In the 1970s Holt’s interest in framing vision and making words material led her to explore the productive miscommunications that take place when information is imperfectly transferred from one medium to another. The four-screen video installation Points of View (1974) reveals, as she notes in her journal, “the wonder of place through verbal description.” Points of View was made for the Clocktower Gallery in New York. Four monitors show views of Lower Manhattan as seen through a moving circular tube looking out the windows of the iconic New York exhibition space. Each is accompanied by a dialogue that, literally and conceptually, demonstrates different points of view. Lucy Lippard talks with Richard Serra, Liza Béar with Klaus Kertess, Carl Andre with Ruth Kligman, and Bruce Boice with Tina Girouard about what can be seen through the north, south, east, and west facing windows.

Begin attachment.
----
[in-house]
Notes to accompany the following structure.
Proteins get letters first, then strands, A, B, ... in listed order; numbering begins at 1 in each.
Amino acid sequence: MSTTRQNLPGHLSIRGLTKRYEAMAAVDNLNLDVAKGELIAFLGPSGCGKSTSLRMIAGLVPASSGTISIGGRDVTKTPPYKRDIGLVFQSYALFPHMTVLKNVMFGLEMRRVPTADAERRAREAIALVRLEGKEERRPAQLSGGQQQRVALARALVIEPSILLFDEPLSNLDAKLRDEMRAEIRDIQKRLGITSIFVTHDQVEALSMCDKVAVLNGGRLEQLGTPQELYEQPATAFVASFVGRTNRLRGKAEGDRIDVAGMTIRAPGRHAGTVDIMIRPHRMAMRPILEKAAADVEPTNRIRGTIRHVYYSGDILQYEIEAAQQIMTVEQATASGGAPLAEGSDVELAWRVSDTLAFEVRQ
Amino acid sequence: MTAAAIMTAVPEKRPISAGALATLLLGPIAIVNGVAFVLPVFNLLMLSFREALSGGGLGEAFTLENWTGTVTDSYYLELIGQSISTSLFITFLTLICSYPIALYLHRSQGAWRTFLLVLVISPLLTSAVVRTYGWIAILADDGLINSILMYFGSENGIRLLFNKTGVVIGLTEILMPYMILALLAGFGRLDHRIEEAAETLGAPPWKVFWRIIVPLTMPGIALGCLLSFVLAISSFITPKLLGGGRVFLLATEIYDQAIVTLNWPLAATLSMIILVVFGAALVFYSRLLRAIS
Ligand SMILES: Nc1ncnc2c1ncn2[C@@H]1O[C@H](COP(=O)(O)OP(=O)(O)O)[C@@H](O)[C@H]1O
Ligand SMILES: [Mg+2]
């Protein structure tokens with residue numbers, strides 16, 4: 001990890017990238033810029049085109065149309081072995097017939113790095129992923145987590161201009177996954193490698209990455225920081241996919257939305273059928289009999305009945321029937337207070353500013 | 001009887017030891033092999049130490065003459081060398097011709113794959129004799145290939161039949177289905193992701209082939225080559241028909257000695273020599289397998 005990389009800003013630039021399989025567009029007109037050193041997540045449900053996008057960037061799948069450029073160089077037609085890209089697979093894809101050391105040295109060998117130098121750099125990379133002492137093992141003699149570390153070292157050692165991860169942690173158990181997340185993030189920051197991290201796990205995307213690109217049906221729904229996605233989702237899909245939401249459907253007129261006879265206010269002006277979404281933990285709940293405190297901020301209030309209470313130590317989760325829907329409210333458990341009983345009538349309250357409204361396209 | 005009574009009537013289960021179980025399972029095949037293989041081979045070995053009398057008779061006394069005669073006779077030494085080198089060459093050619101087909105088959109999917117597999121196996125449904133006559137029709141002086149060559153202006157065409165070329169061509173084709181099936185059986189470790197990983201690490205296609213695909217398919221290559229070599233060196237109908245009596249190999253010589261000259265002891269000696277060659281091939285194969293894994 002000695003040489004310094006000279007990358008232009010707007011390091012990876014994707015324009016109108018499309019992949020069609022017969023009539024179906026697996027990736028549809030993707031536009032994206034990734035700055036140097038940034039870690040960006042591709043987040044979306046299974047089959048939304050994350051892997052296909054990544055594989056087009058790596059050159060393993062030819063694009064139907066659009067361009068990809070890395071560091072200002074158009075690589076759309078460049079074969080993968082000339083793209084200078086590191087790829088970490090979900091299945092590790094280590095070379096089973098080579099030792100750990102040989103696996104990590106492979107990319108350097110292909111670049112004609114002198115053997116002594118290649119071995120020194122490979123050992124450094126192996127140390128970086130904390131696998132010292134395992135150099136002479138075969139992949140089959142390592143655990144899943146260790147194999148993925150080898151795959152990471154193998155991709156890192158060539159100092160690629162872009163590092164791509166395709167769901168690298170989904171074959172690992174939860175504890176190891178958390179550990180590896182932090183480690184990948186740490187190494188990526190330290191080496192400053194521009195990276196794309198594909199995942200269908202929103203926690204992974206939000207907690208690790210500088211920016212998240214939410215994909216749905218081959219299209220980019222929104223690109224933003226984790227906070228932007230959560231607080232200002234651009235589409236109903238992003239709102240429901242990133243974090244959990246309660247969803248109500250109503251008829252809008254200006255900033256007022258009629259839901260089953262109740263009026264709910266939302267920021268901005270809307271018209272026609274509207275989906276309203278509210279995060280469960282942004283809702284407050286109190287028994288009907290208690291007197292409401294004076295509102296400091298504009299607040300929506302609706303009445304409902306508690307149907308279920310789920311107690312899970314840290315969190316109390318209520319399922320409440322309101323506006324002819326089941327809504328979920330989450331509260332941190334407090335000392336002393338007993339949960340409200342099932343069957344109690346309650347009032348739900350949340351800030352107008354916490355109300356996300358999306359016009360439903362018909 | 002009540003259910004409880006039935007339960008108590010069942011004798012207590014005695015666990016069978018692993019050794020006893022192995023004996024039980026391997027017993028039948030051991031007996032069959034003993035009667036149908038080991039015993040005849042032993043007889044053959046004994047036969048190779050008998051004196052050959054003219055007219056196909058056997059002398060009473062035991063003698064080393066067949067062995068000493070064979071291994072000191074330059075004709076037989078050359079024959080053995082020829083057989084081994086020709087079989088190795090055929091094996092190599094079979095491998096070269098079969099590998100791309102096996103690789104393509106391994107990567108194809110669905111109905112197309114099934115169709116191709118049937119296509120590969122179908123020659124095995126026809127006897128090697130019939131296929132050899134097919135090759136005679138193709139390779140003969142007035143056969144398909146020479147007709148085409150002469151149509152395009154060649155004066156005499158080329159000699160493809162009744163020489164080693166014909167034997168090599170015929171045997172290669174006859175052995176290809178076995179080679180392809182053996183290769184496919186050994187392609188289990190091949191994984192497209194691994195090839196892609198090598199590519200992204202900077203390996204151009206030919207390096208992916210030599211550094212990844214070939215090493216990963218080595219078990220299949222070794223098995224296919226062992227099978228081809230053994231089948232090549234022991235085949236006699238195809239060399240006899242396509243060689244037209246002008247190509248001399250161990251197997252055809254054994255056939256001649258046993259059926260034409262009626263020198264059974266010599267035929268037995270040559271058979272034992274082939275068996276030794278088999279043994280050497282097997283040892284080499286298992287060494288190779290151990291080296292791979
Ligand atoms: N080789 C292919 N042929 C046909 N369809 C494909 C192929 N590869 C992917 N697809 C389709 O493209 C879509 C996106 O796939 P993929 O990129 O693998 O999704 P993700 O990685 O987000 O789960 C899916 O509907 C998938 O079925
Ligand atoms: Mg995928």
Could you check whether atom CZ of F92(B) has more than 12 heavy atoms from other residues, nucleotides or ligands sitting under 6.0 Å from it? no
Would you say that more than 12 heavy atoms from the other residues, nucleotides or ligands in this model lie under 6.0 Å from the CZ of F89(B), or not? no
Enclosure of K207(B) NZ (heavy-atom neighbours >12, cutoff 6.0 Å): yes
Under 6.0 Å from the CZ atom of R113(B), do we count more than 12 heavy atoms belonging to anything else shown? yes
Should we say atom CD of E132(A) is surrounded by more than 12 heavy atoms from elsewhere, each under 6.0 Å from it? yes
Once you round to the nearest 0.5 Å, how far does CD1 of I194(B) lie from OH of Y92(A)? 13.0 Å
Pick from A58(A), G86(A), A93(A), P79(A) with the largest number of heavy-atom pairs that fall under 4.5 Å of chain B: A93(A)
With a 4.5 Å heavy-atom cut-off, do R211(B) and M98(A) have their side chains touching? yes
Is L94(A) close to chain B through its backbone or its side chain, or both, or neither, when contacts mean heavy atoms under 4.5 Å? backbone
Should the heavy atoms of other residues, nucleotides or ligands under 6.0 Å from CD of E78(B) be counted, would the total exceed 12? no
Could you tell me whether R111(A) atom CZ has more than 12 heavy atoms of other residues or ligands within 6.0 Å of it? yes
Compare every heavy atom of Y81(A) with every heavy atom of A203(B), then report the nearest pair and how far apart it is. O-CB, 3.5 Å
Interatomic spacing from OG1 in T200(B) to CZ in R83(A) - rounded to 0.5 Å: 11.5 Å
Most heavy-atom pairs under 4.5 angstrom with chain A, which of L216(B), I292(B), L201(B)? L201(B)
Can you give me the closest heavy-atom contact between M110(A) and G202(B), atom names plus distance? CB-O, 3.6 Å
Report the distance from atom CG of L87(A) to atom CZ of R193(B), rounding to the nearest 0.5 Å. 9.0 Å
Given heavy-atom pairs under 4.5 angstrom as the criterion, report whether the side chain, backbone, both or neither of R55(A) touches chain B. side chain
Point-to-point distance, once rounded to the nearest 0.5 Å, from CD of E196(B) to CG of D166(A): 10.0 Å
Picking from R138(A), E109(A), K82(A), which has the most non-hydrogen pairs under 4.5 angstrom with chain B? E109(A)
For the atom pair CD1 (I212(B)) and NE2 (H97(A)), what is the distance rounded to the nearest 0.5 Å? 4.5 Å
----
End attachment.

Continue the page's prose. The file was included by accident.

In the first presentation in 1974, visitors could compare the strangers’ observations to their own personal perceptions; they may watch the video footage on the monitor, or step just outside the Clocktower Gallery to explore the same view in actuality. Seen today, Points of View performs travel through both time and space, actively engaging with the visual-cognitive processes.
Points of View was presented in the solo exhibition Nancy Holt: Points of View at Parafin, London in fall of 2020.